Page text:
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Effects of wwhole-body electromyostimulation on cardiac autonomic control and functional capacity of obese individuals after bariatric surgery

Grant number: 18/13332-5
Support type:Scholarships in Brazil - Doctorate
Effective date (Start): December 01, 2019
Effective date (End): November 30, 2021
Field of knowledge:Health Sciences - Physiotherapy and Occupational Therapy
Principal Investigator:Audrey Borghi e Silva
Grantee:Paula Angélica Ricci
Home Institution: Centro de Ciências Biológicas e da Saúde (CCBS). Universidade Federal de São Carlos (UFSCAR). São Carlos , SP, Brazil

Abstract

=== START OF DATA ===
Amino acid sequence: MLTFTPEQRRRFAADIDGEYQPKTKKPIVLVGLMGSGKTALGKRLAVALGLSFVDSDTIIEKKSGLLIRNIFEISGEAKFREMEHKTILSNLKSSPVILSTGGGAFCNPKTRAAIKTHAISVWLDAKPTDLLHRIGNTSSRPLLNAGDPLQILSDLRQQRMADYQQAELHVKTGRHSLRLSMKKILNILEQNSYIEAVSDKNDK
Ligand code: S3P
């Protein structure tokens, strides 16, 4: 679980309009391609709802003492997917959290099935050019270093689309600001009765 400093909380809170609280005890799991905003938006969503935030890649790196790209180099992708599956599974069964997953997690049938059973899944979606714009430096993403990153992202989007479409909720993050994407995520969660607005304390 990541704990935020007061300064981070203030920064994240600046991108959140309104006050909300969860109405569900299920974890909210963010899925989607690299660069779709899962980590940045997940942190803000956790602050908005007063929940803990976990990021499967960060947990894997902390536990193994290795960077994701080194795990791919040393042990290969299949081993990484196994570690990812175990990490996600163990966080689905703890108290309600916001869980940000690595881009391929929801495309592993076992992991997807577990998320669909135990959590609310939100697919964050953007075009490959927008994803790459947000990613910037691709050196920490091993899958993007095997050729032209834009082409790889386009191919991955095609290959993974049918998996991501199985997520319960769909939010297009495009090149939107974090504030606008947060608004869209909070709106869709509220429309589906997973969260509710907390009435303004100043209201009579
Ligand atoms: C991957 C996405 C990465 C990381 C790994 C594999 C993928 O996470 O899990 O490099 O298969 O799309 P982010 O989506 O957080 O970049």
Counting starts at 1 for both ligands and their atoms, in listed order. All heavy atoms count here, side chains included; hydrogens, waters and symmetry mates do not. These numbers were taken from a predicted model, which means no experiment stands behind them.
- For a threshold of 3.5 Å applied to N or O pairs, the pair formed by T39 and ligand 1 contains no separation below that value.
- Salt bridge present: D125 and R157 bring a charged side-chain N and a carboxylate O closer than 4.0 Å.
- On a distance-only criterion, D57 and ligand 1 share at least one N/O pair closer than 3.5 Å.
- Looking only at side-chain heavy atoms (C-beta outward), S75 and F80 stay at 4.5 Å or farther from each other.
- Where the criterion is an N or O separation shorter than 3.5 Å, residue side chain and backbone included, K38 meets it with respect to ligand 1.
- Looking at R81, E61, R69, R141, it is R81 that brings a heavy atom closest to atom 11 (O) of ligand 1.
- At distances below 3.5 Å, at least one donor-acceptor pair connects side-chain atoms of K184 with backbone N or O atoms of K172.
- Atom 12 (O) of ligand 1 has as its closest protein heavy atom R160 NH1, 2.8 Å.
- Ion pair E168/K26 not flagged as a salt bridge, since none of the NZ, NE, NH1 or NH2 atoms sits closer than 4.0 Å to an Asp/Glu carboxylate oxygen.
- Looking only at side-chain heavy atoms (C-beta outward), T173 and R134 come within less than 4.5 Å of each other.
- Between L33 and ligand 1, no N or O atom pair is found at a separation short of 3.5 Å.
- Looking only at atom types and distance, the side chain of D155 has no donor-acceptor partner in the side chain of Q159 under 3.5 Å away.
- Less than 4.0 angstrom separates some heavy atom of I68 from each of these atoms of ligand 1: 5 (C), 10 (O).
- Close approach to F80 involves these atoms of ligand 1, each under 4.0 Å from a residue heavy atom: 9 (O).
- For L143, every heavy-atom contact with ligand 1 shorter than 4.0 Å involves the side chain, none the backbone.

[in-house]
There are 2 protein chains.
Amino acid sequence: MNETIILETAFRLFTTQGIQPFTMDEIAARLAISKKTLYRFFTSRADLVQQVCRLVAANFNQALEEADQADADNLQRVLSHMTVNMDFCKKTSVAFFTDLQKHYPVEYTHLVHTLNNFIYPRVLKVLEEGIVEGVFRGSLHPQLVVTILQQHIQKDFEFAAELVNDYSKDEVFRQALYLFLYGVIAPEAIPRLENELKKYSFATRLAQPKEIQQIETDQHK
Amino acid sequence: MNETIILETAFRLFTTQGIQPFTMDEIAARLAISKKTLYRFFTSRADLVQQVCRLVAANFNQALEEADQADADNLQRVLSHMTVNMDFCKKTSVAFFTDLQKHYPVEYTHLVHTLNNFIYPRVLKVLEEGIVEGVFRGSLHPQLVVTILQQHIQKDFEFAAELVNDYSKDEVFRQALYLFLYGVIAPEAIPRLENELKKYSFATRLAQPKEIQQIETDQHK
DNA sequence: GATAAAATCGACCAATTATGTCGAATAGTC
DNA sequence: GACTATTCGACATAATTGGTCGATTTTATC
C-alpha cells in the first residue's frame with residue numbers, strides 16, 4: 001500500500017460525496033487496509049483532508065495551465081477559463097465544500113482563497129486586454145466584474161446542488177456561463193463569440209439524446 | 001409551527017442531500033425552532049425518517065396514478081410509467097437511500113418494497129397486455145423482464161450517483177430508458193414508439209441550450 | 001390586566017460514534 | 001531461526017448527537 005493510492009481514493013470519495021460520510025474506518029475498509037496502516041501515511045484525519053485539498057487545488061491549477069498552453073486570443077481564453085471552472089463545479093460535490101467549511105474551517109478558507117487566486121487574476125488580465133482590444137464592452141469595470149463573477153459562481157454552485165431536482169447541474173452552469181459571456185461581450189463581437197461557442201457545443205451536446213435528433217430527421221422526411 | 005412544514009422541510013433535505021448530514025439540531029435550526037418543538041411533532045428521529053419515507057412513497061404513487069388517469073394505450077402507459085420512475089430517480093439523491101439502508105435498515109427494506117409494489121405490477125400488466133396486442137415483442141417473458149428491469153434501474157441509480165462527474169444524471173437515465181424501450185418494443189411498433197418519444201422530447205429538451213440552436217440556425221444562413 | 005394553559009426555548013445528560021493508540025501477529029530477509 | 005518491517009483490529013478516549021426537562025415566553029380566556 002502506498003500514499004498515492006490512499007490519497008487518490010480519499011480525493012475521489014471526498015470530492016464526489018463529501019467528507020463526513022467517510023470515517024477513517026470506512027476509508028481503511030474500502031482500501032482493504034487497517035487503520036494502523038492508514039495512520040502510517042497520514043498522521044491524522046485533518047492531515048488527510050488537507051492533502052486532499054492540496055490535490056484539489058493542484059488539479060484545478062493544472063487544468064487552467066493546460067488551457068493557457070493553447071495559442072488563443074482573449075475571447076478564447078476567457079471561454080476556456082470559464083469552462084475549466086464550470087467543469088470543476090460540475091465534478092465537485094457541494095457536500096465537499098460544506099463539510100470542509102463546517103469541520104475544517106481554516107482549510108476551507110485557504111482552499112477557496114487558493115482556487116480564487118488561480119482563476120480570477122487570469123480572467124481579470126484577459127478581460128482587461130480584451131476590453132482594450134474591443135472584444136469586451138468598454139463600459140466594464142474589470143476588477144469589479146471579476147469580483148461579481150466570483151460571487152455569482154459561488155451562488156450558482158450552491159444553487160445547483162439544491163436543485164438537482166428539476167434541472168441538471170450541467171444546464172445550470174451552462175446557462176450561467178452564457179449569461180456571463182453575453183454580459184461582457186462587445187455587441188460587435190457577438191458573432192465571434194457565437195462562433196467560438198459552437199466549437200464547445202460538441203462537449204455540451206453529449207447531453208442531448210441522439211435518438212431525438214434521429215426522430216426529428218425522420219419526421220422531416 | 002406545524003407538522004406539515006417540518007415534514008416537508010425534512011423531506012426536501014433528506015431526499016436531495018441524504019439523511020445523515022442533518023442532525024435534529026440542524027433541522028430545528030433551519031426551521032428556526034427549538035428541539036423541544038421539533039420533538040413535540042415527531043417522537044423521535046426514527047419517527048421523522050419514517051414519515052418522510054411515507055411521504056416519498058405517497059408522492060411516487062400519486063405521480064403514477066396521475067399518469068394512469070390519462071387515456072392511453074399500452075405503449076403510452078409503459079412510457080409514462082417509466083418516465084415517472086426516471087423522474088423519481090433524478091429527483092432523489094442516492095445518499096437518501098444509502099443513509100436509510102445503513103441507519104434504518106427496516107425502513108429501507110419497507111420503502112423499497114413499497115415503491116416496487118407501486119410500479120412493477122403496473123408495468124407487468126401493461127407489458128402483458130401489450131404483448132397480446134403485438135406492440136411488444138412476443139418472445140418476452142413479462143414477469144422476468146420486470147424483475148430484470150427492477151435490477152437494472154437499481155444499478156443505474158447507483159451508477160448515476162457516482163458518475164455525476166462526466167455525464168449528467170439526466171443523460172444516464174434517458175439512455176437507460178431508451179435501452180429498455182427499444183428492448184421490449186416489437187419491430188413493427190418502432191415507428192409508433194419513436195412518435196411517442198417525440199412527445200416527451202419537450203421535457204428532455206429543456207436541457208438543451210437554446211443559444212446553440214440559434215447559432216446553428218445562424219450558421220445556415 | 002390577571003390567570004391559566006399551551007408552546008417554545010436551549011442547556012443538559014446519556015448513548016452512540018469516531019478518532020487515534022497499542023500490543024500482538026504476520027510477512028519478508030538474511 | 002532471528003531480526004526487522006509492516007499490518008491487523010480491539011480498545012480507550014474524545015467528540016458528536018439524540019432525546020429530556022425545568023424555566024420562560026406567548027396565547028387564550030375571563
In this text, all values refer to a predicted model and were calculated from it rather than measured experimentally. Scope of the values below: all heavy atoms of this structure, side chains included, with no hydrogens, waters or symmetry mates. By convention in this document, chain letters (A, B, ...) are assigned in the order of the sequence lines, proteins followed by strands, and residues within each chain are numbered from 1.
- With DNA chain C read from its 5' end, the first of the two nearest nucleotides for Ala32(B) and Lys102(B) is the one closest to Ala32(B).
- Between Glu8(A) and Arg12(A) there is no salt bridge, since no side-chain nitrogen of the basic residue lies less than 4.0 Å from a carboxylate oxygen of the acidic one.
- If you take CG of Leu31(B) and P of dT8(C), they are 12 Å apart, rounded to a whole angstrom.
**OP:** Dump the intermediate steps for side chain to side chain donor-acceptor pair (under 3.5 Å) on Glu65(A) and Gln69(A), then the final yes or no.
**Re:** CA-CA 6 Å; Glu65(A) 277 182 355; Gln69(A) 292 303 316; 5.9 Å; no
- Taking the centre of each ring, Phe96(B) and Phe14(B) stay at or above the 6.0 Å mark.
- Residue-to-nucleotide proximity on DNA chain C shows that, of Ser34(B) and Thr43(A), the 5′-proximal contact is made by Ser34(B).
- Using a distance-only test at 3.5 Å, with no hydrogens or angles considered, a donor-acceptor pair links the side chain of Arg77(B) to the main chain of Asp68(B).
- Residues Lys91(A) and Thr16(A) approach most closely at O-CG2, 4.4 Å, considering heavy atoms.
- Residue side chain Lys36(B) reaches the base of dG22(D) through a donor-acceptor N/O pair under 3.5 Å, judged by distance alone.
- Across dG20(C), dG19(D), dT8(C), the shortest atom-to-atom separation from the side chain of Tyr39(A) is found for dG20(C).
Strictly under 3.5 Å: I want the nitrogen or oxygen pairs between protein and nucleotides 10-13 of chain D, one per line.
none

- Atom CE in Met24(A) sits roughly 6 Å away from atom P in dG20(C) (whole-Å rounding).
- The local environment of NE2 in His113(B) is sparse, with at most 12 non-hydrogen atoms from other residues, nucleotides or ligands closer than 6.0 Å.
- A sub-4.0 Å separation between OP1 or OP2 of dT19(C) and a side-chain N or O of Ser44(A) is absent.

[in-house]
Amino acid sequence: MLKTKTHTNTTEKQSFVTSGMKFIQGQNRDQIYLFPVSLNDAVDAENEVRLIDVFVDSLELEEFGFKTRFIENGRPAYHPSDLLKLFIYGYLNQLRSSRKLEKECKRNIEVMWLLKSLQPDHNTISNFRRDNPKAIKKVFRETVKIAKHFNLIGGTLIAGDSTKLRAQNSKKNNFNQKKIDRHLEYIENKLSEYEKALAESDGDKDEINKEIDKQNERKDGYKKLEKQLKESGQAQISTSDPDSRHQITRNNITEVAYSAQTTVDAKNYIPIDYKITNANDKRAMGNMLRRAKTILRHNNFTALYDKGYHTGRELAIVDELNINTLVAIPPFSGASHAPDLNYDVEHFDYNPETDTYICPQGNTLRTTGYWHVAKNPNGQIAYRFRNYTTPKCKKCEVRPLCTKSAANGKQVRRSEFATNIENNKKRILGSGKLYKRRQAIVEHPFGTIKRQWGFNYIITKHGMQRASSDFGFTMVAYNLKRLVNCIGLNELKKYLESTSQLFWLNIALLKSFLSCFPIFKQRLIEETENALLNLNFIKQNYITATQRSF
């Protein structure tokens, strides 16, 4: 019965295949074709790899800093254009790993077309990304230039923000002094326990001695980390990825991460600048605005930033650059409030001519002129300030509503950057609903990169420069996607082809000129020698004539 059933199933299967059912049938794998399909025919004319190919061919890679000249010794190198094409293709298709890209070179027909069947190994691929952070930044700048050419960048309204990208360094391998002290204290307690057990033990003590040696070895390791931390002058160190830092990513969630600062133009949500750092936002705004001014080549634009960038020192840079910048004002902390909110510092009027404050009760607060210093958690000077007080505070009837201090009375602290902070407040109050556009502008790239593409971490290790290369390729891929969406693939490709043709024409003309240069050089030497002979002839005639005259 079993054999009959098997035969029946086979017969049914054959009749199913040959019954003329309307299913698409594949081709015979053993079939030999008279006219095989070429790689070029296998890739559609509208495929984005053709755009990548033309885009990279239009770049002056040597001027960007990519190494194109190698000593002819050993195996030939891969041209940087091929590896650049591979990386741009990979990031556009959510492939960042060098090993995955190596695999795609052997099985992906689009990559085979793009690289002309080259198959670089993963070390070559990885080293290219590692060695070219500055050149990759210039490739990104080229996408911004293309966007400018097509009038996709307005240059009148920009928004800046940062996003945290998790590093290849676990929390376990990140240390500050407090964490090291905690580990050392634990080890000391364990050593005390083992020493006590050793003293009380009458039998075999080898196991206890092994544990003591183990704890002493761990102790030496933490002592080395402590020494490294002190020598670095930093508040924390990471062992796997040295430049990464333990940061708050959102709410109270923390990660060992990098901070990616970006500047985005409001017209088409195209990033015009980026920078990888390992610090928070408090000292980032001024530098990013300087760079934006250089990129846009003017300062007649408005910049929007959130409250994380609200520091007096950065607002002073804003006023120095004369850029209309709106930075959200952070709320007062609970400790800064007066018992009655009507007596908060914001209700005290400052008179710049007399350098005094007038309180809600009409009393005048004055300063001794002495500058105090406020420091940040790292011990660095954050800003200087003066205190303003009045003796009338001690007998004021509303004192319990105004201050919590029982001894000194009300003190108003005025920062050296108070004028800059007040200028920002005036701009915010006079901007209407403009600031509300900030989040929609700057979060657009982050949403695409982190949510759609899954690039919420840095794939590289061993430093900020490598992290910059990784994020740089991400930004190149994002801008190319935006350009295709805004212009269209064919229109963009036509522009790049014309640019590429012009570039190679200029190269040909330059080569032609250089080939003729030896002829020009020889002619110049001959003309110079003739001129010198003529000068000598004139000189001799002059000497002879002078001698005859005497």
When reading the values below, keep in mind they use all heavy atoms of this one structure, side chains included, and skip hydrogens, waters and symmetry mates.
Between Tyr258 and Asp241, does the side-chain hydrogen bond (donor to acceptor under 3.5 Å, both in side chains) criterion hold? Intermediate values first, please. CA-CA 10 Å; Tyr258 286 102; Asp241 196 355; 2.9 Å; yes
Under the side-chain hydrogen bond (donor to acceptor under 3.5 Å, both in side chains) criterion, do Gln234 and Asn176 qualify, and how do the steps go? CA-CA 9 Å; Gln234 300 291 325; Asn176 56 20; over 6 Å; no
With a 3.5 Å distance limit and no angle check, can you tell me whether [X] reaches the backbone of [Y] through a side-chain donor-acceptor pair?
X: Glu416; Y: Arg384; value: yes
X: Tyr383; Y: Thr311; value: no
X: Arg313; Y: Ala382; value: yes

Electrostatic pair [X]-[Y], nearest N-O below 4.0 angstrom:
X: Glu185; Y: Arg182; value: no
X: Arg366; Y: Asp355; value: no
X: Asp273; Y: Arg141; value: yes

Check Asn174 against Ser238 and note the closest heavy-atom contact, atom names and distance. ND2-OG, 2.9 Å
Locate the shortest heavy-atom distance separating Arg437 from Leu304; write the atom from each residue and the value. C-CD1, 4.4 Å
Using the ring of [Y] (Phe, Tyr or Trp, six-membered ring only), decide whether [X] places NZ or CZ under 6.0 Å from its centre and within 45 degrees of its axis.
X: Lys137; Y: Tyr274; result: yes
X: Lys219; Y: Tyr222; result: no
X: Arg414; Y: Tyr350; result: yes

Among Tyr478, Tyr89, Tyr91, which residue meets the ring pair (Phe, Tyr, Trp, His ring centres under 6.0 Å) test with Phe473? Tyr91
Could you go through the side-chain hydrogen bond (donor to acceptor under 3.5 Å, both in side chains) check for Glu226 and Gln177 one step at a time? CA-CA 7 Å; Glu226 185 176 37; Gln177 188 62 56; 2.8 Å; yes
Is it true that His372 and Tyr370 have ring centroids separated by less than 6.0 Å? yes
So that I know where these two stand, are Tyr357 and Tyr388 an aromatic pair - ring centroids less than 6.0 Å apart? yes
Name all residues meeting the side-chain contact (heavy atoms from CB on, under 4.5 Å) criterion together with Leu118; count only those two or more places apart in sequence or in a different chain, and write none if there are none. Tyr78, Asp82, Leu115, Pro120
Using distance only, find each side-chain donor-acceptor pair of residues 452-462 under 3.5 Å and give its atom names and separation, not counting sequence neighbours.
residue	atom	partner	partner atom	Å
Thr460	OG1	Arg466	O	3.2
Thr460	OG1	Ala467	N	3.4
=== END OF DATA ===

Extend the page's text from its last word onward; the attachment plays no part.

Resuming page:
Impairments caused by Obesity include respiratory difficulties, locomotor system disorders, cardiovascular diseases and an increased risk to develop pathological conditions. Bariatric surgery is the most effective treatment for morbid Obesity. The conventional gastric bypass surgery, associated with dietary restriction in the first weeks, limits the practice of physical exercise. In this context, whole-body neuromuscular electrical stimulation (WBS), a strategy that stimulates various muscle groups, has been shown to be a promising option to enhance weight loss, improve exercise capacity and peripheral muscle strength, and induce positive systemic effects. However, the effects of this treatment on cardiac autonomic control and functional capacity in patients submitted to bariatric surgery remain unknown. Objective: To evaluate the effects of WBS on autonomic control of Heart Rate (HR) and on the functional capacity of candidates for bariatric surgery before and after surgery, in comparison with a control group. Study design: Randomized, double-blind, placebo-controlled clinical trial. Methods: Thirty-six obese volunteers will be randomized into 2 groups (WBS group = 18 subjects and control group (Sham) = 18 subjects). Participants will be assessed preoperatively to determine pulmonary function, maximal and submaximal exercise capacity, and autonomic control of HR at rest and during submaximal exercise. On the 2nd day after discharge, participants will be evaluated only to determine submaximal exercise capacity, body composition and autonomic control of HR. The WBS (or sham) training will be performed over 30 sessions, 5 days a week, for 6 consecutive weeks. After this period, all preoperative evaluations will be performed again. We hypothesize that obese individuals who will undergo WBS will present greater improvement in cardiac autonomic control and functional capacity when compared to sham subjects. (AU)